While some Members supported increased transparency they felt that people would feel able to vote more freely using the electronic voting system, with the system and suggested that it could be set-up to record how each Member voted. There was concern that using a show of hands would mean that some Members felt pressured to vote in a particular way. The Leader challenged this view and stated that if any Member felt that they had been coerced to vote in a particular way, that complaint should be reported to the Chief Executive for investigation. It was suggested that using the electronic voting system and associating each voting button to a different Councillor would provide a compromise solution that would increase transparency with the freedom that had been associated with a blind vote. The meeting for which Members felt a show of hand would be most appropriate was Development Control Committee (name changed to Development Management Committee during this meeting), where there were often members of the public in the room during the vote. Some Members spoke to reassure the wider membership that they had never felt obliged to vote in a particular way, while further comments stated that the use of the electronic system to record the names of Councillors and their vote was effectively a recorded vote, for which separate provision was made in the Constitution.
An amendment was proposed and seconded that: to extend transparency further, rather than a show of hands only witnessed by the people in the room, a dual system of button pushing and hand raising should be used with a hyperlink in a meeting’s minutes to a list showing how each Member voted in the for the benefit of anyone unable to attend the meeting.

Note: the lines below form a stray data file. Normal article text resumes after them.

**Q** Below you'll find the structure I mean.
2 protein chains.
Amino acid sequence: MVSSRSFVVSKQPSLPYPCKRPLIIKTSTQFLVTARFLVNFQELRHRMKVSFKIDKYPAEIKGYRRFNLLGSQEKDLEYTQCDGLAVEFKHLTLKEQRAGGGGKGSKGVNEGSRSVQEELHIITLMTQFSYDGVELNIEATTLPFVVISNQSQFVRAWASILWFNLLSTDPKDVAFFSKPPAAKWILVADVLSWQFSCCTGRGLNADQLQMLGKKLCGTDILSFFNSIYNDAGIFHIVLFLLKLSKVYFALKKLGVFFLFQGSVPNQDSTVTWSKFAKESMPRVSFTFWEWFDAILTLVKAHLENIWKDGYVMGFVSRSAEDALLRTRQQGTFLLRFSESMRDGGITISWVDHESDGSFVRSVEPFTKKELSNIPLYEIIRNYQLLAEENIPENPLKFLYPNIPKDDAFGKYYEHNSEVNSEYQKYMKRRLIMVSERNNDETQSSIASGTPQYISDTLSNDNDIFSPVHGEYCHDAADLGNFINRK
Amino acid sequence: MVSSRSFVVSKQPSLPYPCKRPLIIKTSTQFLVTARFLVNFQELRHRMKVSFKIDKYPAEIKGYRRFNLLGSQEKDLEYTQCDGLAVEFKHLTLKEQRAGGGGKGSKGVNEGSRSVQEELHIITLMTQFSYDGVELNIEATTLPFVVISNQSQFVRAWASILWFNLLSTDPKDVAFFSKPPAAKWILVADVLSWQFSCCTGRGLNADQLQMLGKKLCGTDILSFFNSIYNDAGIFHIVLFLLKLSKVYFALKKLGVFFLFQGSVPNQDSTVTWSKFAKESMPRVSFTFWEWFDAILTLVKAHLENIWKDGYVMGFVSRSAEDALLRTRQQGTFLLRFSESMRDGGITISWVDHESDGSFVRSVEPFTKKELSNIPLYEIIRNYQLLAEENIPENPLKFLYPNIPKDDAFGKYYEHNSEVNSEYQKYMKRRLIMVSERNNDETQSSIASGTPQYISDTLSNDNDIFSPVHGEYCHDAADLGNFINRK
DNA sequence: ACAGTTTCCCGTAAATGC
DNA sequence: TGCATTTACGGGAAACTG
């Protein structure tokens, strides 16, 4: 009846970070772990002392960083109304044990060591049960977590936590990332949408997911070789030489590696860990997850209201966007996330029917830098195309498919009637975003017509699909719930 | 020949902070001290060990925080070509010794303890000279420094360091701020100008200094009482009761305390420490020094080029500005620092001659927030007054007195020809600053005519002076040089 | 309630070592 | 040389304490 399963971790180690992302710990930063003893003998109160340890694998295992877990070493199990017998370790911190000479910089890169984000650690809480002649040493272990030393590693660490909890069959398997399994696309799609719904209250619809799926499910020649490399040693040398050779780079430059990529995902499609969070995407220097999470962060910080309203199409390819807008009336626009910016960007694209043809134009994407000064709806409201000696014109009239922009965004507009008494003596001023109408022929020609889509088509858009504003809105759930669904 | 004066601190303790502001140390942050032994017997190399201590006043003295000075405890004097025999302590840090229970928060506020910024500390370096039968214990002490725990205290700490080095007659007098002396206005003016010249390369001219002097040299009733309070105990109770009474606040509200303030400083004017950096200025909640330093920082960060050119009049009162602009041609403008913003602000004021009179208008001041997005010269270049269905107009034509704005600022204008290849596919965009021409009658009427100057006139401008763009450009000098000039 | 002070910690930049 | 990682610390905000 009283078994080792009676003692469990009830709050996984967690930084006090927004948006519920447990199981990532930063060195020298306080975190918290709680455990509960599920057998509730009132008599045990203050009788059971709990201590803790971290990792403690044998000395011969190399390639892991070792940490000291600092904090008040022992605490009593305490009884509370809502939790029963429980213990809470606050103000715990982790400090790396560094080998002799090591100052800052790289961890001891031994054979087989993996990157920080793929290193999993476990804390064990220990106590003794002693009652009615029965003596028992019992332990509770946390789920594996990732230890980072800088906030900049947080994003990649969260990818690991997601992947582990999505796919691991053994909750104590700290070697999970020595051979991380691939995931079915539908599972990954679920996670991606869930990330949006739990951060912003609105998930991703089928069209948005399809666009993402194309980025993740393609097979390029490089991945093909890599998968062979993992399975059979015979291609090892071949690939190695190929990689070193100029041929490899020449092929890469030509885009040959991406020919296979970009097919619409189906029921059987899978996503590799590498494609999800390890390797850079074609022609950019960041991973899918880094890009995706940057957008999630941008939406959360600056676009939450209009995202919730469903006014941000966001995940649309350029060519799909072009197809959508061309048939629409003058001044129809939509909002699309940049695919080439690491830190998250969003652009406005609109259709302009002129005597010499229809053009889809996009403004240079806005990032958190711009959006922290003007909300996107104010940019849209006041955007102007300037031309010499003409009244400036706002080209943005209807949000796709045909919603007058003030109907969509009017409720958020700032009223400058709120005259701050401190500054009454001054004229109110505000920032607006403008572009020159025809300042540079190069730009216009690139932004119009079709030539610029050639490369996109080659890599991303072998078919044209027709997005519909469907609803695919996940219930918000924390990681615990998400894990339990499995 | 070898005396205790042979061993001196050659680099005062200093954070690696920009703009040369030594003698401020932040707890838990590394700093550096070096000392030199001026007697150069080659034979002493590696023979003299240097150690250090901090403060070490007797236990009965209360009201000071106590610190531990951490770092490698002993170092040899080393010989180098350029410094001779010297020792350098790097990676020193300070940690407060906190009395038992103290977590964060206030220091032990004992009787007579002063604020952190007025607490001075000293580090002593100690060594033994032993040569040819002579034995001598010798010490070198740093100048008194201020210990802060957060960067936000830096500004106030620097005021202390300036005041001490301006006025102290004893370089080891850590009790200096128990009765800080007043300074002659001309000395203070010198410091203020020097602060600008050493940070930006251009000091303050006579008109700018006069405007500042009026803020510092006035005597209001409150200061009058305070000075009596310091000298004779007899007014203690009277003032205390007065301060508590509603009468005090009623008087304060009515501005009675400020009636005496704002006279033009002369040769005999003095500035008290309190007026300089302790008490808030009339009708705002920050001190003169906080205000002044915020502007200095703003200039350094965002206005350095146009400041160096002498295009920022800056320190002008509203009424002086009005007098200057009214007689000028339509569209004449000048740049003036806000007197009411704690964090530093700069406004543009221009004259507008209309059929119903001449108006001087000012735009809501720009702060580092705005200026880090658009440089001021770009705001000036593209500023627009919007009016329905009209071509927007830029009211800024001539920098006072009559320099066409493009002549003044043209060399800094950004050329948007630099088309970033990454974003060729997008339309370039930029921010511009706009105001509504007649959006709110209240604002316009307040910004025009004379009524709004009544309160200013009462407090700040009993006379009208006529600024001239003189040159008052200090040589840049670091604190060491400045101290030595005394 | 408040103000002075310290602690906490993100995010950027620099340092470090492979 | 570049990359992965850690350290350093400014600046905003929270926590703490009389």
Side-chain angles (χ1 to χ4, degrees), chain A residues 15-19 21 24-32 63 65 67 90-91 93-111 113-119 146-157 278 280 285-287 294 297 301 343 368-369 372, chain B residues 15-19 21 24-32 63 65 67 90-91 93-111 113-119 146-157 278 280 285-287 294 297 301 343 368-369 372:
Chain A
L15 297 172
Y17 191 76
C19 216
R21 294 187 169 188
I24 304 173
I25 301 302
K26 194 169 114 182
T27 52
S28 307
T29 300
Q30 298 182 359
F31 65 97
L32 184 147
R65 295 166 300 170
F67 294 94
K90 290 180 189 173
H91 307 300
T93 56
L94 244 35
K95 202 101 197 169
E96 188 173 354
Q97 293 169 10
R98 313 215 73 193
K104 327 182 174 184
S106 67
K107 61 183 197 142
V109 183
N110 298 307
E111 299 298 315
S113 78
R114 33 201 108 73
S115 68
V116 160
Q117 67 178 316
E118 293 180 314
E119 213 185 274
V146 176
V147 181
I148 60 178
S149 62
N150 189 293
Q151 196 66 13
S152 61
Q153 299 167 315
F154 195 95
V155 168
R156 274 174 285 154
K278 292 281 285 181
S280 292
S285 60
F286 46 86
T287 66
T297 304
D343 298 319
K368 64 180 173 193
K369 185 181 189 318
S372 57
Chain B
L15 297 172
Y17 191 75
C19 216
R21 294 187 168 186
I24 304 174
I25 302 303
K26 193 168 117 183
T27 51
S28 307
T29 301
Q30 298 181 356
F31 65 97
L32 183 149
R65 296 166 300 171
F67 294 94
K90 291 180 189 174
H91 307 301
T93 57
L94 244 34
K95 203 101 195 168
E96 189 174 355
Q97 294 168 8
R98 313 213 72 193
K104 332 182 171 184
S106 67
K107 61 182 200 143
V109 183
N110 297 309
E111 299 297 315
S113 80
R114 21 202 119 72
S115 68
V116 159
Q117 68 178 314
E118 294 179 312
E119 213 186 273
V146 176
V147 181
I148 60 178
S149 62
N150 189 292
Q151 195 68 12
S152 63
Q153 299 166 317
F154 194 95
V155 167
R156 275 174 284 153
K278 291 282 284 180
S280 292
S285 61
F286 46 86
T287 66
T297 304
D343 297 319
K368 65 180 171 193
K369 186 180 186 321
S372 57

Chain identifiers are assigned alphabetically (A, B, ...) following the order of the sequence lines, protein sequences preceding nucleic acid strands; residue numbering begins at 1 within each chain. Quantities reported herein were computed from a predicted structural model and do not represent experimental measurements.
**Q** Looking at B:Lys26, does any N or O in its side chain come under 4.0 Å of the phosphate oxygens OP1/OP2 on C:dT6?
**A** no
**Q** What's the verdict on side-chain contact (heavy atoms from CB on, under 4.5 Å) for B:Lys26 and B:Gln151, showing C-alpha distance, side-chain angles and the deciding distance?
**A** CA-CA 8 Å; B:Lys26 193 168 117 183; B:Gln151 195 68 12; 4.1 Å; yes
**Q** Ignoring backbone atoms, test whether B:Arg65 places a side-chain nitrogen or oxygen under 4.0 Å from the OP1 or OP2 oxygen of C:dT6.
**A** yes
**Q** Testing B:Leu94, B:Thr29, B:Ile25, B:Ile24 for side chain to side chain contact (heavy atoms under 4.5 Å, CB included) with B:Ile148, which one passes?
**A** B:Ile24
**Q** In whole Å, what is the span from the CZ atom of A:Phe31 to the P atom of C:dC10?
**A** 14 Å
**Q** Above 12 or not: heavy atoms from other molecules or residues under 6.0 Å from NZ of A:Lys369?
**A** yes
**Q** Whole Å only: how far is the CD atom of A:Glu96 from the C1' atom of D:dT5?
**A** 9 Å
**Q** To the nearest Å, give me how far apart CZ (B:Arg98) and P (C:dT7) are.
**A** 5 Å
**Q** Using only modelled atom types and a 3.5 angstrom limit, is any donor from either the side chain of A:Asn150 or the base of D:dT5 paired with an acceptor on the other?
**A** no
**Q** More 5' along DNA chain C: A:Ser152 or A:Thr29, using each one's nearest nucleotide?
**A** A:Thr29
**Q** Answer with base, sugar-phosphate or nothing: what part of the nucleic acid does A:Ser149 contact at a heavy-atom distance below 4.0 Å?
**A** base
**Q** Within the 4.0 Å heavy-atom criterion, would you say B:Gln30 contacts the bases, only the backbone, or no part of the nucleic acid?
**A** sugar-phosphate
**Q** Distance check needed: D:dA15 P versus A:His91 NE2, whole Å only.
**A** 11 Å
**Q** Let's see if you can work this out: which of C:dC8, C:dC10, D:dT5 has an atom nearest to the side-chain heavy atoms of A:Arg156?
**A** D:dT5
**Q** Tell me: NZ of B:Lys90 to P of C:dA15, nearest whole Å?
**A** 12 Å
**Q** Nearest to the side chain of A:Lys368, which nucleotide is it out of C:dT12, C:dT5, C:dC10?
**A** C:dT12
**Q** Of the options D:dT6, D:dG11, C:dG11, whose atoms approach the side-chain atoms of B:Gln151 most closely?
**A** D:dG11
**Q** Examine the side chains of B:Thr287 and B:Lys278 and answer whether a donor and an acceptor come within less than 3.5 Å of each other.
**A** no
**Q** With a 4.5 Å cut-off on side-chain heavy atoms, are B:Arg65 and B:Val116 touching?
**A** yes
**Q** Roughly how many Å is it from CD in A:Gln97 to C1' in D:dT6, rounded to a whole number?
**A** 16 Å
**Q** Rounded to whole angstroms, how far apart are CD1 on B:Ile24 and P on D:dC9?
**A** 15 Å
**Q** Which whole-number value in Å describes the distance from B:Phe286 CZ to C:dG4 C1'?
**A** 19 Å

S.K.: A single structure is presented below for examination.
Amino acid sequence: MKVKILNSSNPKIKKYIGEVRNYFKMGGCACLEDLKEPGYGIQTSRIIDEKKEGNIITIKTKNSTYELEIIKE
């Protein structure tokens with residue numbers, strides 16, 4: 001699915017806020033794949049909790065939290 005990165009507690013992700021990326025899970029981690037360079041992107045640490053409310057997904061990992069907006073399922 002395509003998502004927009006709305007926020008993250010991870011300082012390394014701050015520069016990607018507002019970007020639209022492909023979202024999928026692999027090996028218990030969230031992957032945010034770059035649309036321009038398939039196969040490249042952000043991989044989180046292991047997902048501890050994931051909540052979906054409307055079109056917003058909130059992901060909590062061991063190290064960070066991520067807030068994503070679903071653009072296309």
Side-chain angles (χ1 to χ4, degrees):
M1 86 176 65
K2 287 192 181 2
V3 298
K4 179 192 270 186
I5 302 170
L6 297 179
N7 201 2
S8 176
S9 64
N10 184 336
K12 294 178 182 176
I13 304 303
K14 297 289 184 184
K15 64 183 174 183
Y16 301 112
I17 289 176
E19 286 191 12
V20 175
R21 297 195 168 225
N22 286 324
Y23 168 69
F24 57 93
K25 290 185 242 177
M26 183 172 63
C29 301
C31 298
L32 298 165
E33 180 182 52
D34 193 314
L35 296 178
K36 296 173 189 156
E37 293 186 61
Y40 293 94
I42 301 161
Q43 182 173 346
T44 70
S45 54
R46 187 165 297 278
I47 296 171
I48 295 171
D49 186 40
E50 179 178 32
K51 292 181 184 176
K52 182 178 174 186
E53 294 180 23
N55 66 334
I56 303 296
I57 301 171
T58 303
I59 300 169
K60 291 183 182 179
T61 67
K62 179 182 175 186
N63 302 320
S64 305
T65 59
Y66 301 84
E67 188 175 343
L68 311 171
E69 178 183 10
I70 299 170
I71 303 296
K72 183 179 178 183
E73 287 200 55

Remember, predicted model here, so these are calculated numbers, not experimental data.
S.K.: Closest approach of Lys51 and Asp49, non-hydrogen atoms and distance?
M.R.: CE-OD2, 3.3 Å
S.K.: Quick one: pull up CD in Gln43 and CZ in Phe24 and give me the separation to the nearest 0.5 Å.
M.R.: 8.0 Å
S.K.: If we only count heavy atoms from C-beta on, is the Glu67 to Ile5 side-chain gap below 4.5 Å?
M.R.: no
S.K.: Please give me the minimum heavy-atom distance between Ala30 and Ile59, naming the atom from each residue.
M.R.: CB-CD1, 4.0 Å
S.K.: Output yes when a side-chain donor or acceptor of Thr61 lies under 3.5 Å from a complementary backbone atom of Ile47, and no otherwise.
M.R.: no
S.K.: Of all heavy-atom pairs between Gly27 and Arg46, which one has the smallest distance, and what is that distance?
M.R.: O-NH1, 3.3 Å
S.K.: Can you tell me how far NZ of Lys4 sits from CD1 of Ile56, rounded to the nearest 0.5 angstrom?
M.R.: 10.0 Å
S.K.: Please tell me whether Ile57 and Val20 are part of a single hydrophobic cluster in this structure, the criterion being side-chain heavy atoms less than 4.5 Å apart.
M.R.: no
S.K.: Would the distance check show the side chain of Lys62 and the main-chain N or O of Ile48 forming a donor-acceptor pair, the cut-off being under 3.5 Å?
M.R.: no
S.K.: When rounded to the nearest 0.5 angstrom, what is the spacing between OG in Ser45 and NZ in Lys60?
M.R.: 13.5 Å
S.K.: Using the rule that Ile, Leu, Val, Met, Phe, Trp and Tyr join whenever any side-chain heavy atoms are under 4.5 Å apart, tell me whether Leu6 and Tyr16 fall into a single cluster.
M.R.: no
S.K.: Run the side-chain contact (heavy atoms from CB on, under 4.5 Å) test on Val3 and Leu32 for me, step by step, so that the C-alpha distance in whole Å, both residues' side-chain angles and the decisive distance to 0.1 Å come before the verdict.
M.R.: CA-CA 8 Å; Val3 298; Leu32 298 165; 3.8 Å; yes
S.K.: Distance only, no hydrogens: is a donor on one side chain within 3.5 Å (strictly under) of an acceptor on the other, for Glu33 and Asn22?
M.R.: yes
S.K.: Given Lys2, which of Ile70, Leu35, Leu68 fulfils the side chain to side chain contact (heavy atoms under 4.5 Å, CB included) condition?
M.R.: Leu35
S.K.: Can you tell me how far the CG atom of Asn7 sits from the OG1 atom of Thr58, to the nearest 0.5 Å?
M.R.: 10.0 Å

Some concern was expressed that the proposed amendment would be complicated for Members to put into practice however it was acknowledged that the debate and votes in the Council Chamber could have a wider audience. One member stated that they had canvassed residents in their Ward who felt knowing how their Councillors had voted was important; he added that while, at present only people able to attend the meeting would be able to see how their Councillor(s) had voted, the opportunity was there for them if they wished to attend. Further comments were made about the importance of transparency, with a comparison being drawn with Lincolnshire County Council, were votes were also taken by a show of hands however, its meetings were made available via webcast. These webcasts provided a historic record of how Members voted; no similar record would be available for residents in South Kesteven based on the existing facilities in the Council Chamber.
Notice was given of a new amendment: that the electronic voting system should continue to be used, a record kept through the system of how each Member voted and then moving to voting by show of hands when a solution to broadcast the meeting had been put in place. A member of the Cabinet gave a commitment to providing a solution to broadcast meetings on the internet; he stated that this would be in place by the time the Council next met in September 2017. As a consequence the Member who gave notice of the further amendment withdrew it.
The amendment was put to the vote and lost. The substantive proposition on changing the voting system was put to the vote and carried.
Following this decision of Council, all further decisions made during the meeting were taken by a show of hands.
The proposal to allow any member of the Council to attend Cabinet meetings, ask questions and speak on agenda items was put to the vote and carried unanimously.